Next, review your Hiring Parameters that include company policies and other “non-negotiable” areas. Some examples could include your location, the software/systems used, compensation and benefits offered. Overcoming objections to your company’s parameters requires getting to know what a prospective hire values and communicating your company’s values in a way that meets their needs. In my experience, I’ve seen candidates accept a lower compensation package, in exchange for a better work-life balance.Present your recommendations stressing how they will enhance your recruiting efforts, reduce your time to hire and increase ability to hire the Best talent.


Third is the necessity to create clear Performance Objectives, which prevents recruiters from wasting their time because they understand how candidates they present will be evaluated. These also establish clear performance expectations for potential candidates, so they can determine if they are able to achieve the objectives and if they are interested in the job.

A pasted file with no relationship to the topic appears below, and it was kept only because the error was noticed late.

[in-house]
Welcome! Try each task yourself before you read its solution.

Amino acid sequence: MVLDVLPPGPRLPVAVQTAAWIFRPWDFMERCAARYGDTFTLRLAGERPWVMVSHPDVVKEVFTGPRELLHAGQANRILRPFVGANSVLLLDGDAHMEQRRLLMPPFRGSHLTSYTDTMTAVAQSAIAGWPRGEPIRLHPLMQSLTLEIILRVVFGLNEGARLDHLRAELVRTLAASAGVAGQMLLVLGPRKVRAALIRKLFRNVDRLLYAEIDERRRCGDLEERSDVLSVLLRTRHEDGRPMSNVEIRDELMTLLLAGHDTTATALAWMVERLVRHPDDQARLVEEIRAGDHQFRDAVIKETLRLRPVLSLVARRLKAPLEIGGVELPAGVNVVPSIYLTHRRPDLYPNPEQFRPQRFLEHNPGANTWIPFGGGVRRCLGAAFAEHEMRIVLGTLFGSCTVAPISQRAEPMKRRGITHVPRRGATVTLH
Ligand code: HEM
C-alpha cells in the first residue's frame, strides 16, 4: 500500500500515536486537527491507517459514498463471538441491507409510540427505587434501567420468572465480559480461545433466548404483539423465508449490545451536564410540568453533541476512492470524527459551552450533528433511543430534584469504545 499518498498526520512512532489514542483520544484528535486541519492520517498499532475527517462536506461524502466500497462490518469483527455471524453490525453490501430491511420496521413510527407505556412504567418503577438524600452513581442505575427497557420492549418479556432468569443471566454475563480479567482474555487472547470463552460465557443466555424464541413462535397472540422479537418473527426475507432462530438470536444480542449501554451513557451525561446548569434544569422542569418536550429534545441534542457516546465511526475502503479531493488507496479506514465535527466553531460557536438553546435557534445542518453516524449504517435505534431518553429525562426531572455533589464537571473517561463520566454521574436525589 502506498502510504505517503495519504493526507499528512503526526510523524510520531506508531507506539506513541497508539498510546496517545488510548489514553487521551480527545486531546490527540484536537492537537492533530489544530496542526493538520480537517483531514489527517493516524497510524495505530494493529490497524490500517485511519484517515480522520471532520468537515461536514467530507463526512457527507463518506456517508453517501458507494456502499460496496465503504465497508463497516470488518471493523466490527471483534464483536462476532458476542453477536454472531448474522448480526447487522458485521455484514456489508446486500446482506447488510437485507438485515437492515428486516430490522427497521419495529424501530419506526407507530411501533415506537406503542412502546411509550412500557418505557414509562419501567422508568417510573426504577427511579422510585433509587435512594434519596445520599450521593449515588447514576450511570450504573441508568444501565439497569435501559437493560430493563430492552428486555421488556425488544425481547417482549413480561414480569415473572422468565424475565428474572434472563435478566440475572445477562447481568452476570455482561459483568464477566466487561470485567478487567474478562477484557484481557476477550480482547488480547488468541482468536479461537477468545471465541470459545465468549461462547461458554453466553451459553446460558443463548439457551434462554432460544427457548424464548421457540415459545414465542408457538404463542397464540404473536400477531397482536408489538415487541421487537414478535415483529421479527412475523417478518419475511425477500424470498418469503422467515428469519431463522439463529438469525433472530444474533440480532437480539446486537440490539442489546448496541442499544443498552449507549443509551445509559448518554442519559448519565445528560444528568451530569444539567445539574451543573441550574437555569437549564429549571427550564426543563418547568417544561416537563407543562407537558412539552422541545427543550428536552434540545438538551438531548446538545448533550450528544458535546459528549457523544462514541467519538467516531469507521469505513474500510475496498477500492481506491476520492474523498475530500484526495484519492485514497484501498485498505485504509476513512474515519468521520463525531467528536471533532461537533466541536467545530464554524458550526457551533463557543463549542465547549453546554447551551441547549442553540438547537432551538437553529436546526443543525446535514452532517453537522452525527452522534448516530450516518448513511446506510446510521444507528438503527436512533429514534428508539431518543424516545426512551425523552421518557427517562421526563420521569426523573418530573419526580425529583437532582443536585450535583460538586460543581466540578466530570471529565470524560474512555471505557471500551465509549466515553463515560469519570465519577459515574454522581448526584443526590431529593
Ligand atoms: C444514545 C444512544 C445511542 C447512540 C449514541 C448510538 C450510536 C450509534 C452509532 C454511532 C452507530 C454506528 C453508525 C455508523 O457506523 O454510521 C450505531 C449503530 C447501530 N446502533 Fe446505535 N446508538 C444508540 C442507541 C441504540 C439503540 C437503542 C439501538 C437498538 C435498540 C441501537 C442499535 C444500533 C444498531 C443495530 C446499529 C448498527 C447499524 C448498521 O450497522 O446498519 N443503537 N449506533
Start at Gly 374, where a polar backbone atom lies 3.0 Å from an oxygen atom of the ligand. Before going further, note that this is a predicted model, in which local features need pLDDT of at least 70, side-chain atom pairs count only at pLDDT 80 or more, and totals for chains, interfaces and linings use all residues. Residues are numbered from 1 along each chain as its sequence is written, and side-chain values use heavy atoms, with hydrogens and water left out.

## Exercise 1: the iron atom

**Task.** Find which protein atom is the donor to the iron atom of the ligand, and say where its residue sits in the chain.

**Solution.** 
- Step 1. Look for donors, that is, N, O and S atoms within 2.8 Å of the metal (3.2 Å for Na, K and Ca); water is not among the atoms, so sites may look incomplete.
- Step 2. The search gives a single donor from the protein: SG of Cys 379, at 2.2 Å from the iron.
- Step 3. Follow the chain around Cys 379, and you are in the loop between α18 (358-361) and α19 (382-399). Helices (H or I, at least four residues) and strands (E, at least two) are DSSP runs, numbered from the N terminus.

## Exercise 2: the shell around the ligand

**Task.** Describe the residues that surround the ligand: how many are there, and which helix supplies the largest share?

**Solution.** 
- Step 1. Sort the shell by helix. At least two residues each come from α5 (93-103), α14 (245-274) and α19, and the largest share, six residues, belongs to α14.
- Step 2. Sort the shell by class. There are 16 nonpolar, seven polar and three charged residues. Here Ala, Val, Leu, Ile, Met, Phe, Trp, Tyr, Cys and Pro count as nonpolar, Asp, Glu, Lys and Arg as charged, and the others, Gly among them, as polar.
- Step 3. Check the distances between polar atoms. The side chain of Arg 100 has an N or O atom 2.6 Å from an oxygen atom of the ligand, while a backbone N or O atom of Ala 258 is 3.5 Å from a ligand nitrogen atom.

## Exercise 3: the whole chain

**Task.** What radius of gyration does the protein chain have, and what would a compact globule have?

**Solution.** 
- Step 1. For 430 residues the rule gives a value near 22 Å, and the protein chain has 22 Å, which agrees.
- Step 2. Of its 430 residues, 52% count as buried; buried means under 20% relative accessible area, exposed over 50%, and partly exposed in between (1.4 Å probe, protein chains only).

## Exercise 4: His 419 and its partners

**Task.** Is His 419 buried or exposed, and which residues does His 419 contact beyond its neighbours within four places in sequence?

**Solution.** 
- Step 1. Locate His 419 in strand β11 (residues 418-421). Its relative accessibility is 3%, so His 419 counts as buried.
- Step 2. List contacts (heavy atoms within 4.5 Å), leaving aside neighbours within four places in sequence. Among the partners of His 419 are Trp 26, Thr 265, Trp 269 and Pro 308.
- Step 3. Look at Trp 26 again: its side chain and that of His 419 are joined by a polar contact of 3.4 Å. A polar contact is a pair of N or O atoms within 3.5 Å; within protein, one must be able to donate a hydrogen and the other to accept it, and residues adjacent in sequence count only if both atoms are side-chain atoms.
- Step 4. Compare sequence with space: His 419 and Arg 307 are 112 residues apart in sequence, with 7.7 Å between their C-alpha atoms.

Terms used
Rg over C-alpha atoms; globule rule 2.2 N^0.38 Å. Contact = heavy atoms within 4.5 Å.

Fourth, review your Interview Process which should be consistent and comprehensive. However, it is also imperative that candidates can move through your interview process quickly and efficiently. To keep your candidate engaged, I am suggesting you limit your interviews to four rounds. These would generally be a phone screen, panel interview, in-person “day at the job” if feasible, and final interview. Google established the “Rule of Four” which after five years of analysis proved our interviews were enough to predict whether someone should be hired. It also reduced their average time to hire by almost two weeks, saving employees “hundreds of hours in interviewing time,” according to Sharon Shaper, Google’s Hiring Innovation Manager.